Skip to main content

Does a Tax Court decision that does not use the correct standard of review have any res judicata effect?

Houston, TX |
Filed under: Debt Tax law

In a 6320/6330 case in Tax Court, the standard of review is "abuse of discretion", i.e. the Tax Court has to decide whether or not the IRS's appeals officer abused discretion in making the findings in the notice of determination. If the Tax Court makes a decision that expressly does NOT make the finding of abuse of discretion, does the decision have any res judicata effect. There was no trial, no facts were established, and no evidence adduced.

Attorney Answers 2

Posted

You've already asked this question once; merely rephrasing it doesn't change that fact. That being said, a court's decision is res judicata in the case until and unless you have it overturned on appeal. If you sat on your hands and let the time for an appeal expire then you have no one to blame but yourself - you are stuck with that decision.

Mark as helpful

1 lawyer agrees

Posted

Your wording is interesting. "expressly does NOT make the finding of abuse of discretion" could mean that:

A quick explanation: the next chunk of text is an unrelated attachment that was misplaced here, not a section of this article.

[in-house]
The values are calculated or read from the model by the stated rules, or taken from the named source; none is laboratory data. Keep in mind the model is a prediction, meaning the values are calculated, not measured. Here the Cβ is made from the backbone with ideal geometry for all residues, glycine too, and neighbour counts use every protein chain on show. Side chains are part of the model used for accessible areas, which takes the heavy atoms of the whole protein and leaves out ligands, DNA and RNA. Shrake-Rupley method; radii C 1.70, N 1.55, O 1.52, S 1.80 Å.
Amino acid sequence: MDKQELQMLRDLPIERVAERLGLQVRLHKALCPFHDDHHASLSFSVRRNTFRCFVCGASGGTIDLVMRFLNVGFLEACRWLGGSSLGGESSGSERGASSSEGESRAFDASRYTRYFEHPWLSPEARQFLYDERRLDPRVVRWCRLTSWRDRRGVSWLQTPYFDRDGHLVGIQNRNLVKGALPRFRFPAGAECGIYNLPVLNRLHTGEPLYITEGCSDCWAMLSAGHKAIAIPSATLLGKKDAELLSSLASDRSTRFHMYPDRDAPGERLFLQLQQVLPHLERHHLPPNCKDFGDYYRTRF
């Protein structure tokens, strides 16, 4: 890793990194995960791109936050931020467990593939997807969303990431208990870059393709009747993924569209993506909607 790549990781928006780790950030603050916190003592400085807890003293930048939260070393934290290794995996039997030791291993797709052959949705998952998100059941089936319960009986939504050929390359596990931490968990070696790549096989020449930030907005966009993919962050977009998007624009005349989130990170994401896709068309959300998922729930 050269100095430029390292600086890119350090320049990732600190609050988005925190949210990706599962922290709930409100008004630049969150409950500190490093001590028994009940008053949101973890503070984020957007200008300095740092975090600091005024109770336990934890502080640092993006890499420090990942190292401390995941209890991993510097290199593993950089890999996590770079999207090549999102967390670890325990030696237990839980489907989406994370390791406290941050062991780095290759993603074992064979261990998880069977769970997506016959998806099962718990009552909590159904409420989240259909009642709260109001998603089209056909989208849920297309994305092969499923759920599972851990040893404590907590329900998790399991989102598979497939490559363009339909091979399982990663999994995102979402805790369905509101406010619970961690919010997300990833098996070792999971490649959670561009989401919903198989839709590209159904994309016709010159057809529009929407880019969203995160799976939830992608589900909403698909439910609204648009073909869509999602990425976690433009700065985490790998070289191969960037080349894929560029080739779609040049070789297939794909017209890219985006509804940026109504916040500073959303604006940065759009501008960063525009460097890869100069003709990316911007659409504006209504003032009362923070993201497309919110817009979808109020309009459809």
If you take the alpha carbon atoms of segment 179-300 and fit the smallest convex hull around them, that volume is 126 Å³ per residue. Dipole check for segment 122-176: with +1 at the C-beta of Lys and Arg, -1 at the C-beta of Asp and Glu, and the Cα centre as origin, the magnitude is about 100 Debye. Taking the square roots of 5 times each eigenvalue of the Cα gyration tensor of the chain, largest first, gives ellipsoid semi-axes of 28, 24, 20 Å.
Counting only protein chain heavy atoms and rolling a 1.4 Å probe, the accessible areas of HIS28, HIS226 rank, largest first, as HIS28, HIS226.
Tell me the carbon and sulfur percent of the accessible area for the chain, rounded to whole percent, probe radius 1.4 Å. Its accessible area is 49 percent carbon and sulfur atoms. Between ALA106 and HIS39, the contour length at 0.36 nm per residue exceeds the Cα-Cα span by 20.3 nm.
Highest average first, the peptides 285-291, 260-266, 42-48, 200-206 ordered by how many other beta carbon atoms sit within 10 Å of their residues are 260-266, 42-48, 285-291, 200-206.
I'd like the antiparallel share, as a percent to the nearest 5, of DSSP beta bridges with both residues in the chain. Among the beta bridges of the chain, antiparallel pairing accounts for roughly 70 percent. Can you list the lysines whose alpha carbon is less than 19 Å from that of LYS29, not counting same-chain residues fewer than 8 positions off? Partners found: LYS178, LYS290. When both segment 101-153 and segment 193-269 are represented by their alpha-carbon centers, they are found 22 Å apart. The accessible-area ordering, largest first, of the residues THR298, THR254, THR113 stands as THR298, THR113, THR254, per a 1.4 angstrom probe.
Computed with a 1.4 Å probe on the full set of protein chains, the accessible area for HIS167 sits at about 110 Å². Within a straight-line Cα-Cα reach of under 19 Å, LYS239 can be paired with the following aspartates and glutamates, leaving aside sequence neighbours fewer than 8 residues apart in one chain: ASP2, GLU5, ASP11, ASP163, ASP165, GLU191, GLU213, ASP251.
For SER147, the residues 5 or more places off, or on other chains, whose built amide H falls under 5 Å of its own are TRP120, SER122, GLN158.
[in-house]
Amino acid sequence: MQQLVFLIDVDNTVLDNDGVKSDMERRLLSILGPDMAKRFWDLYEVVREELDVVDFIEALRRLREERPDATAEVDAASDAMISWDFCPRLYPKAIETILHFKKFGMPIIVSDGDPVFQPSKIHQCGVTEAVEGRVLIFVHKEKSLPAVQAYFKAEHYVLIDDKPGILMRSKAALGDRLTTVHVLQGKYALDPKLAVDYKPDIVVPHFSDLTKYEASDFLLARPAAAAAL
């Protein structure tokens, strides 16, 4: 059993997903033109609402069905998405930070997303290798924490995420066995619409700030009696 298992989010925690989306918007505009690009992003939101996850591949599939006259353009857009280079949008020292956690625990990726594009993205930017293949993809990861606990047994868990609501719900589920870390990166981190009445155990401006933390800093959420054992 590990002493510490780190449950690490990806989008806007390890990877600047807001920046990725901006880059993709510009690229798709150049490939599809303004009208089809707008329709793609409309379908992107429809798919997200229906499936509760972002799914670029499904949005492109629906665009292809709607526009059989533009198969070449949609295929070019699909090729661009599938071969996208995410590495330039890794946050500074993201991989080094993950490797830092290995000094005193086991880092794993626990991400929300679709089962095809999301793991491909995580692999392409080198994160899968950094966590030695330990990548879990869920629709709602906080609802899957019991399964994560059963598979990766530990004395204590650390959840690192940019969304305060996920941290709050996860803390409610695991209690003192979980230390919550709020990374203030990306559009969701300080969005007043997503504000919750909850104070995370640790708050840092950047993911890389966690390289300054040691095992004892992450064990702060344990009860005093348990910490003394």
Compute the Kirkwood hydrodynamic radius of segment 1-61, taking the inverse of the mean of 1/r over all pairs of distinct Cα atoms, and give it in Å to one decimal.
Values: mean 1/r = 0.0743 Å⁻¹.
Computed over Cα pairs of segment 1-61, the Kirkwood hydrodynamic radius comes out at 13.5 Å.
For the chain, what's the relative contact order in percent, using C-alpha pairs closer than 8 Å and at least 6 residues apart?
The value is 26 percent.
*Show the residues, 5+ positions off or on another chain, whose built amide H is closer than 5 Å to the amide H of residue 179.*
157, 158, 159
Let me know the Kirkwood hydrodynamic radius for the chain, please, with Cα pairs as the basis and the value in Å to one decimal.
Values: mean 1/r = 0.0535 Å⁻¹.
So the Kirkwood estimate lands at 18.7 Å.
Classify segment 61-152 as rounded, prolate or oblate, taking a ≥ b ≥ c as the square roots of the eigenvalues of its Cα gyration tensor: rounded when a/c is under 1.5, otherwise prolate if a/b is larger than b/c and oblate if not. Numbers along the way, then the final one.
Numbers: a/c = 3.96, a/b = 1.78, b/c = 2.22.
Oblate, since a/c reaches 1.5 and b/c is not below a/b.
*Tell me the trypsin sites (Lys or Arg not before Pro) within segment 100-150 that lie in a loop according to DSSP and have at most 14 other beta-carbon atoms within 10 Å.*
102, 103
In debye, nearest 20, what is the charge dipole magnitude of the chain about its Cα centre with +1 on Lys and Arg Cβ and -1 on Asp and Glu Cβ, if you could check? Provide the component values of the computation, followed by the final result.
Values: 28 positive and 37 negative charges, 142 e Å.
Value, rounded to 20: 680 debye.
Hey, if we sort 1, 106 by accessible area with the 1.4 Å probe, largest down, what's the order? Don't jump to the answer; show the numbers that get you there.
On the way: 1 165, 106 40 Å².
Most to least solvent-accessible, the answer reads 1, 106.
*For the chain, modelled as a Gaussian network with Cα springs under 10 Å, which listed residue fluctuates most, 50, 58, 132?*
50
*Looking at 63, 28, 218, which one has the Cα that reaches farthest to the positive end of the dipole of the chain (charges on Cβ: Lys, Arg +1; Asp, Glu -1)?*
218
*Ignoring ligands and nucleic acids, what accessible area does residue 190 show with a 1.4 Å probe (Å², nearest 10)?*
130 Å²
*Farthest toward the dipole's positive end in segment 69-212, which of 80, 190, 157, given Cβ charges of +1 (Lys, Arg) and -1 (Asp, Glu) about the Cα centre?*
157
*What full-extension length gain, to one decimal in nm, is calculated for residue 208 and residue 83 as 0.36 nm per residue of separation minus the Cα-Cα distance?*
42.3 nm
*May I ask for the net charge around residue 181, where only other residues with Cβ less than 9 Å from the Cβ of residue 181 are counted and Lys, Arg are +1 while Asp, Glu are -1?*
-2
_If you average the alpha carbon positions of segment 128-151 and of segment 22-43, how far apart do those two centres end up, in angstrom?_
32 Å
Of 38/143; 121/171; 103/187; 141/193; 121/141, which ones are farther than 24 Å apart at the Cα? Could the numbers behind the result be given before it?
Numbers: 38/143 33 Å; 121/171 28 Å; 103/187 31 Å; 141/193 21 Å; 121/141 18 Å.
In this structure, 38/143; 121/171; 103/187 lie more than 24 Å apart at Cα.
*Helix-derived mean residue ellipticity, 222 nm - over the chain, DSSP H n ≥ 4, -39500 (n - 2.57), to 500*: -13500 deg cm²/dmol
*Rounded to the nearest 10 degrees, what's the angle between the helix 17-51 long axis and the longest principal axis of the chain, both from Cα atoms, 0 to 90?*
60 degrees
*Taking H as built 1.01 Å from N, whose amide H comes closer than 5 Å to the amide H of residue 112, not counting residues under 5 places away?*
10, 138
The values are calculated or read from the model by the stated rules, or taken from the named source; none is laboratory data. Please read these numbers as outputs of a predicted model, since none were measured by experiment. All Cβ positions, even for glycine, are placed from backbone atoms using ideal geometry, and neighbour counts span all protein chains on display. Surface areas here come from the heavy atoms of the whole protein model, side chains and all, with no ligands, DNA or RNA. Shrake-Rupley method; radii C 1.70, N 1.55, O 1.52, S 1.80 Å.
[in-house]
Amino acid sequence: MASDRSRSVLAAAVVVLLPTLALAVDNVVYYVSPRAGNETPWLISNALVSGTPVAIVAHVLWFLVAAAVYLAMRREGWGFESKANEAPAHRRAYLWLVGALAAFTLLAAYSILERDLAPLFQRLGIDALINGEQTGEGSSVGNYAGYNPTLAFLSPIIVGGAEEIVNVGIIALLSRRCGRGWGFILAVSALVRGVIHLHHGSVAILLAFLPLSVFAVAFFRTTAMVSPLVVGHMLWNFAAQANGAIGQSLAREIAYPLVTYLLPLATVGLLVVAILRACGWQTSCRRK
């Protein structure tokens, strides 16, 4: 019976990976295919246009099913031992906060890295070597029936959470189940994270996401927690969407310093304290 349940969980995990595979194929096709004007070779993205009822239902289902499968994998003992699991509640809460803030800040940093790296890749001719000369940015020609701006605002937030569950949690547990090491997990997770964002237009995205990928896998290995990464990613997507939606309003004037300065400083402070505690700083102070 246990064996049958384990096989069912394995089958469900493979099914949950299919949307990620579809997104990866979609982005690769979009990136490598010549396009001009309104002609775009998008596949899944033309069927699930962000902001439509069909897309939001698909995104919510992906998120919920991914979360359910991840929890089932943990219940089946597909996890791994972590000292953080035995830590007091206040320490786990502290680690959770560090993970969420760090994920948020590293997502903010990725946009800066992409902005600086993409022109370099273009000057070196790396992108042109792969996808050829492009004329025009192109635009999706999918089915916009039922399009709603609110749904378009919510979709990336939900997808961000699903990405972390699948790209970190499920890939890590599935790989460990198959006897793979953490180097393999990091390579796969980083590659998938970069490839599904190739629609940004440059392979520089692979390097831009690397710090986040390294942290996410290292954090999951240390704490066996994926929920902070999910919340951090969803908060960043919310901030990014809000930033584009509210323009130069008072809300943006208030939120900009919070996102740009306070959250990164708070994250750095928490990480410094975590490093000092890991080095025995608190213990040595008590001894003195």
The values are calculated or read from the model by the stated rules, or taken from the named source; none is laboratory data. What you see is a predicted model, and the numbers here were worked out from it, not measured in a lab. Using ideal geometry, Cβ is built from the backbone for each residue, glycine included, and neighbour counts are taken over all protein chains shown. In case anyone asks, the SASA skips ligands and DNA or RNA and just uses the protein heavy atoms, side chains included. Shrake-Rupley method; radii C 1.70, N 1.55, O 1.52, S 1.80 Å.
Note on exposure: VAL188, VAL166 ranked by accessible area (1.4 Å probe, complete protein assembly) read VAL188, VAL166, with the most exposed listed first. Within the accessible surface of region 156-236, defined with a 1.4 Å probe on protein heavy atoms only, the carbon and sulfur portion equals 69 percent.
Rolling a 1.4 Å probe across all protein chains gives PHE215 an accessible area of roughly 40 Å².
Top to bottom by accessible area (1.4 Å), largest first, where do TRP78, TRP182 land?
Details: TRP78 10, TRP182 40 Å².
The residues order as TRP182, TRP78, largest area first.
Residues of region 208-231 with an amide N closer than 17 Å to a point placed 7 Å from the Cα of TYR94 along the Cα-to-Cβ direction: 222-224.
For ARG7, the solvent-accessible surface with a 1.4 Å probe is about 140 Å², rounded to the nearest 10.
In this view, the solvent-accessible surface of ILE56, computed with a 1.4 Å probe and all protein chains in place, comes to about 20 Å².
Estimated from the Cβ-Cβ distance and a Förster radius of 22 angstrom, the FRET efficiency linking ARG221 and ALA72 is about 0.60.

(1) was silent on "abuse of discretion"

(2) "we did not find abuse of discretion"

(3) "we affirmatively found no abuse of discretion"

-------------------------

then you left the specific area on abuse and asked in general if a case was res judicata.

You also didn't say why you thought (1), (2), or (3) was important.

Something is hidden in this description, and I can't tell what it is.

also consider whether 6330(g), if present, trumped a more specific finding.

Talk to your local Houston Tax attorney on this. Ira B. Shepard of the U. Houston Law school can refer you to one if you don't have a tax attorney.

Curt Harrington Patent & Tax Law Attorney Certified Tax Specialist by the California Board of Legal Specialization PATENTAX.COM This communication is general information and not legal advice, and does not create an attorney-client relationship. This communication should not be relied upon as any type of legal advice. Please note that no attorney-client relationship exists between the sender and the recipient of this message in the absence of either (1) a signed fee contract and (2) remission of an agreed-upon retainer. Absent such an agreement and retainer, I am not engaged by you as an attorney, nor is any other member of my law firm.

Mark as helpful

Bankruptcy and debt topics

Top tips from attorneys

What others are asking

Can't find what you're looking for?

Post a free question on our public forum.

Ask a Question

- or -

Search for lawyers by reviews and ratings.

Find a Lawyer

Browse all legal topics